David H Gutmann

Washington University in St. Louis, San Luis, Missouri, United States

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Publications (440)2668.5 Total impact

  • K. Johnson · B. Porcelli · N. Zoellner · S. Abadin · D. Gutmann ·

    Neuro-Oncology 11/2015; 17(suppl 5):v81-v82. DOI:10.1093/neuonc/nov213.18 · 5.56 Impact Factor
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    ABSTRACT: Solid cancers develop within a supportive microenvironment that promotes tumor formation and growth through the elaboration of mitogens and chemokines. Within these tumors, monocytes (macrophages and microglia) represent rich sources of these stromal factors. Leveraging a genetically engineered mouse model of neurofibromatosis type 1 (NF1) low-grade brain tumor (optic glioma), we have previously demonstrated that microglia are essential for glioma formation and maintenance. To identify potential tumor-associated microglial factors that support glioma growth (gliomagens), we initiated a comprehensive large-scale discovery effort using optimized RNA-sequencing methods focused specifically on glioma-associated microglia. Candidate microglial gliomagens were prioritized to identify potential secreted or membrane-bound proteins, which were next validated by quantitative real-time polymerase chain reaction as well as by RNA fluorescence in situ hybridization following minocycline-mediated microglial inactivation in vivo. Using these selection criteria, chemokine (C-C motif) ligand 5 (Ccl5) was identified as a chemokine highly expressed in genetically engineered Nf1 mouse optic gliomas relative to nonneoplastic optic nerves. As a candidate gliomagen, recombinant Ccl5 increased Nf1-deficient optic nerve astrocyte growth in vitro. Importantly, consistent with its critical role in maintaining tumor growth, treatment with Ccl5 neutralizing antibodies reduced Nf1 mouse optic glioma growth and improved retinal dysfunction in vivo. Collectively, these findings establish Ccl5 as an important microglial growth factor for low-grade glioma maintenance relevant to the development of future stroma-targeted brain tumor therapies.
    Neoplasia (New York, N.Y.) 10/2015; 17(10):776-788. DOI:10.1016/j.neo.2015.10.002 · 4.25 Impact Factor
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    Yi-Hsien Chen · Scott M Gianino · David H Gutmann ·
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    ABSTRACT: Neurofibromatosis type 1 (NF1) is a common neurodevelopmental disorder caused by impaired function of the neurofibromin RAS regulator. Using a combination of Nf1 genetically engineered mice and pharmacological/genetic inhibition approaches, we report that neurofibromin differentially controls neural stem cell (NSC) proliferation and multilineage differentiation through the selective use of the PI3K/AKT and RAF/MEK pathways. While PI3K/AKT governs neurofibromin-regulated NSC proliferation, multilineage differentiation is MEK-dependent. Moreover, whereas MEK-regulated multilineage differentiation requires Smad3-induced Jagged-1 expression and Notch activation, MEK/Smad3-regulated Hes1 induction is only responsible for astrocyte and neuronal differentiation. Collectively, these findings establish distinct roles for the RAS effector pathways in regulating brain NSC function. © 2015 Chen et al.; Published by Cold Spring Harbor Laboratory Press.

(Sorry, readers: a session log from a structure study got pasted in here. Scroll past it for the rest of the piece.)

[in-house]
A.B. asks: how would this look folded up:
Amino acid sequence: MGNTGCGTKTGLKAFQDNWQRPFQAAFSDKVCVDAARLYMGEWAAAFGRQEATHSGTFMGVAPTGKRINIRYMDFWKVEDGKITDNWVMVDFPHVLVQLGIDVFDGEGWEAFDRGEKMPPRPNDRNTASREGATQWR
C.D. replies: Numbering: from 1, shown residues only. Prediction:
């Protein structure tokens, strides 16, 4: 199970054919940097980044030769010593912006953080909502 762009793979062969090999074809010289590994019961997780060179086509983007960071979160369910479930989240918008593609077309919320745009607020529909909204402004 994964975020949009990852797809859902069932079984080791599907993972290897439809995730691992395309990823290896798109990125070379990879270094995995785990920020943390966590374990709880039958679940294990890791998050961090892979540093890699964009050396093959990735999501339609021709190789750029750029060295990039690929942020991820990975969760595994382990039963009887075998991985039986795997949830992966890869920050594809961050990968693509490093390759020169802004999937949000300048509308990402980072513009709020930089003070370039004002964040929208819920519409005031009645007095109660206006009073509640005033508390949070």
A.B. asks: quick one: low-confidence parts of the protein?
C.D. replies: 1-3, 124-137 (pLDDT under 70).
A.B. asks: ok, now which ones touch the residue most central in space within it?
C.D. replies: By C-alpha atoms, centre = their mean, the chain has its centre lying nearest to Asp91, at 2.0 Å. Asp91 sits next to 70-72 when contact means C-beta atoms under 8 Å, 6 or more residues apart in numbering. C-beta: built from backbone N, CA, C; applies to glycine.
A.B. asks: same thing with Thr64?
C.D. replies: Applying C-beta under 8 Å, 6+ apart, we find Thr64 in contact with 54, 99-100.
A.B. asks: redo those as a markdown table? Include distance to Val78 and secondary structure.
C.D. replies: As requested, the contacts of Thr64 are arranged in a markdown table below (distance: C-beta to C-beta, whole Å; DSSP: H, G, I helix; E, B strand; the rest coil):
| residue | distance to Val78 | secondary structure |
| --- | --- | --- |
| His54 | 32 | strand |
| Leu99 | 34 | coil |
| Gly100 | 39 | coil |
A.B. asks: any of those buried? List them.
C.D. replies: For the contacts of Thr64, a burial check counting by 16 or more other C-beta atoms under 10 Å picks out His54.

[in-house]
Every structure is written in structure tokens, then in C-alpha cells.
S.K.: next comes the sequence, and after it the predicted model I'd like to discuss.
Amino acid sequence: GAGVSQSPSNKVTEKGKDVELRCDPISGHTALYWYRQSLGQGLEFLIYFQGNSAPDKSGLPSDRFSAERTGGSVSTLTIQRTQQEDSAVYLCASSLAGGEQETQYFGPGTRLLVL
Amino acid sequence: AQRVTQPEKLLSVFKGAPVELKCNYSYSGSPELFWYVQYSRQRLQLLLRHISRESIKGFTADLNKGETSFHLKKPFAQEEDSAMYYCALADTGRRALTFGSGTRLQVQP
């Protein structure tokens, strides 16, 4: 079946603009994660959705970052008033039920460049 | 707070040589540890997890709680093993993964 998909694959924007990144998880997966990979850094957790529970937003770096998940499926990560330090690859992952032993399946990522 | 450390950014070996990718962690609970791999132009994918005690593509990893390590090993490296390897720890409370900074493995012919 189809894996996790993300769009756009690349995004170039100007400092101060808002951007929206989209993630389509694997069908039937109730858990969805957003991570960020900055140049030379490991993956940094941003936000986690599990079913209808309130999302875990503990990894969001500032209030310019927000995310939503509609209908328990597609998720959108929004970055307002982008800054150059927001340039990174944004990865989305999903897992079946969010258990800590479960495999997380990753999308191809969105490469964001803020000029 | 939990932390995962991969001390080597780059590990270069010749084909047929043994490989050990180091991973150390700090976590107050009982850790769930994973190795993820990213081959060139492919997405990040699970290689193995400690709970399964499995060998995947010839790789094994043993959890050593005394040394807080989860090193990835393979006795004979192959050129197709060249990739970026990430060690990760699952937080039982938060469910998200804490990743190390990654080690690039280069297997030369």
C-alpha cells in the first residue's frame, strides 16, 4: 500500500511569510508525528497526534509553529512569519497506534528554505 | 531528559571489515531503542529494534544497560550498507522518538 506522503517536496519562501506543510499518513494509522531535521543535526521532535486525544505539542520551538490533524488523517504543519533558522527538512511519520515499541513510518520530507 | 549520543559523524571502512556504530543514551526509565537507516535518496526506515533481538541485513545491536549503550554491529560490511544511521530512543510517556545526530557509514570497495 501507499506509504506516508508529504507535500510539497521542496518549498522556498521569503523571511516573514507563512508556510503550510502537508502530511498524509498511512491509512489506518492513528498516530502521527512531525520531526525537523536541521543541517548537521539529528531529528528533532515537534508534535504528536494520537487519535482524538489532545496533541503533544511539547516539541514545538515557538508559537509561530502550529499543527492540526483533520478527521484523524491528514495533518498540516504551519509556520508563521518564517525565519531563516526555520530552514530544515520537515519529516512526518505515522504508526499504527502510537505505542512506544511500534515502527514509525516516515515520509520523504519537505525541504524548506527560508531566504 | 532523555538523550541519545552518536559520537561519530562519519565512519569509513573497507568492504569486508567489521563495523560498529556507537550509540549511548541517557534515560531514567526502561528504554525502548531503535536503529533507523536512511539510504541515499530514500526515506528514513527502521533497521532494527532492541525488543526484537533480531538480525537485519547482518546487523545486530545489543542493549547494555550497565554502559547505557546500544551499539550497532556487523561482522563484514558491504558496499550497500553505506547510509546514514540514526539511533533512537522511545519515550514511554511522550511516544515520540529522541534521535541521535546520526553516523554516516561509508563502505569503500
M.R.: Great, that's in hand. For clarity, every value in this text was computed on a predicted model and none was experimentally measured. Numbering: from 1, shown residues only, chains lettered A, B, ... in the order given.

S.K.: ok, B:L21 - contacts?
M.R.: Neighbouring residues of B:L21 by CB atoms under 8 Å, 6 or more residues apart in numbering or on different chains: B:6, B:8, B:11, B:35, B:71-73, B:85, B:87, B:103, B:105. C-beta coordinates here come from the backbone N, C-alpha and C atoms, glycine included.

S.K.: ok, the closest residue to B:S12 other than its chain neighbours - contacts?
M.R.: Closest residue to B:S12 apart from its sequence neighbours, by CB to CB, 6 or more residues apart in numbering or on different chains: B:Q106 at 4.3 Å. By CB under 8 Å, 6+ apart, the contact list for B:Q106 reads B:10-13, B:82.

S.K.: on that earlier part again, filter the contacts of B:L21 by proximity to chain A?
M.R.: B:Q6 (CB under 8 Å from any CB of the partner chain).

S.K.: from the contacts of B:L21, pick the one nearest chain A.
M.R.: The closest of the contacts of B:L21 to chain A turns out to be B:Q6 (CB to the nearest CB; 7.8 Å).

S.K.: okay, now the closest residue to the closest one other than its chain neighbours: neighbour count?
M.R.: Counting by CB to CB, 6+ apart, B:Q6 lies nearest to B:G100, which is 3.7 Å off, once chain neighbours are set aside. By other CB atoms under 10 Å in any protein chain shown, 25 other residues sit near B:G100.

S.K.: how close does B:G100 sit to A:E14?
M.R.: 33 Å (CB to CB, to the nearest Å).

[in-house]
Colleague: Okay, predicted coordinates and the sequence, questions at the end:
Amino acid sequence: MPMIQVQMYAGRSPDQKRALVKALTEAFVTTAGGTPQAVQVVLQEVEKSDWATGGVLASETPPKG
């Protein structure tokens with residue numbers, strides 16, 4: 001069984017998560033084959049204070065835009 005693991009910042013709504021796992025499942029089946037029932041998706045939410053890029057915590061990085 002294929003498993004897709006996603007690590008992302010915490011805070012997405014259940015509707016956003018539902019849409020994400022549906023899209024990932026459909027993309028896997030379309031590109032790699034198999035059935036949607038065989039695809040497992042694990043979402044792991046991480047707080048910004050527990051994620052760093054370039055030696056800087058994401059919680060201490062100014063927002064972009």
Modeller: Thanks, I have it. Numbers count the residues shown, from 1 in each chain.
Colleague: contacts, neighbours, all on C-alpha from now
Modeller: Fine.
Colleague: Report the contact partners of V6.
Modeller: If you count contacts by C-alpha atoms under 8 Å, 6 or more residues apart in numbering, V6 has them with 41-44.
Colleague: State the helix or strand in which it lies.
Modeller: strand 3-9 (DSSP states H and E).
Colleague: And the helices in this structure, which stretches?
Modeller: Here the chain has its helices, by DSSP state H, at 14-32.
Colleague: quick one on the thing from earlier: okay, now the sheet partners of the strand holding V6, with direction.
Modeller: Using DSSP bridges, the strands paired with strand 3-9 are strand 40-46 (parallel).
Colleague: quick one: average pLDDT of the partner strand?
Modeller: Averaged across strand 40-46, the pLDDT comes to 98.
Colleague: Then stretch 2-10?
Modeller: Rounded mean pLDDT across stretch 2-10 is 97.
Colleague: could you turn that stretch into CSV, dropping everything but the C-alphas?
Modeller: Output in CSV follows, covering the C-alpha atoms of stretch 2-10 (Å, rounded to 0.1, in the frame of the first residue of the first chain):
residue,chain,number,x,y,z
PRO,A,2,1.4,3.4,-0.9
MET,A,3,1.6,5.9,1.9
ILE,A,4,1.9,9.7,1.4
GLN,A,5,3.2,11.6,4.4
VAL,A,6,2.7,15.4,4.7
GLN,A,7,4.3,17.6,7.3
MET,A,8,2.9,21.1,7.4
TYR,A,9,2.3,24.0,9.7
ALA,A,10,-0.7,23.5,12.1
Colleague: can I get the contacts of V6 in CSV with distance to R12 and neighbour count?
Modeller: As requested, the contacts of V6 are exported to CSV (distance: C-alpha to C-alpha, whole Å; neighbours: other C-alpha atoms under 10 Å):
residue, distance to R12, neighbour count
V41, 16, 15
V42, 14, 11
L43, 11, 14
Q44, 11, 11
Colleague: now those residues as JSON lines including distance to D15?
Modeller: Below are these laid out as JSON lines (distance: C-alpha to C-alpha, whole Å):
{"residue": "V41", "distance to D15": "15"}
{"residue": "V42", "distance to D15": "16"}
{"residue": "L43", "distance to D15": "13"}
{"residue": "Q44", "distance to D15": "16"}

Genes & development 08/2015; 29(16). DOI:10.1101/gad.261677.115 · 10.80 Impact Factor
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    ABSTRACT: To examine the distribution of quantitative autistic traits (QATs) in an independent neurofibromatosis type I (NF1) sample, the relationships between QAT, sex, and attention deficit hyperactivity disorder (ADHD) symptomatology, and to explore evidence for QAT mutational specificity within families. Age-appropriate versions of the Social Responsiveness Scale, second edition and the Conners Adult ADHD Rating Scales were completed for 103 patients with NF1 from the Washington University Neurofibromatosis Center. Patients with NF1 exhibited a pathologically shifted unimodal distribution for QAT. Forty-four percent of the subjects exhibited a QAT burden at or above 1 SD from the population mean; 13% scored at or above the extreme first percentile of the general population distribution. Elevations in ADHD symptomatology exhibited a distinct bimodal distribution; however, mean ADHD index scores were equivalent in patients who had been diagnosed in the community with ADHD compared with those who had not. We observed striking within-family associations for QAT, reflected by an Social Responsiveness Scale, second edition intraclass correlation of 0.77 in pairings of first degree relatives with NF1. Impairments in reciprocal social behavior and attention affect a large proportion of patients with NF1 throughout life and are often clinically unrecognized. Further exploration of genotype-phenotype correlation is strongly warranted for the purpose of gaining insights into mechanisms by which specific mutational variations in the NF1 gene may influence autistic trait severity. Copyright © 2015 Elsevier Inc. All rights reserved.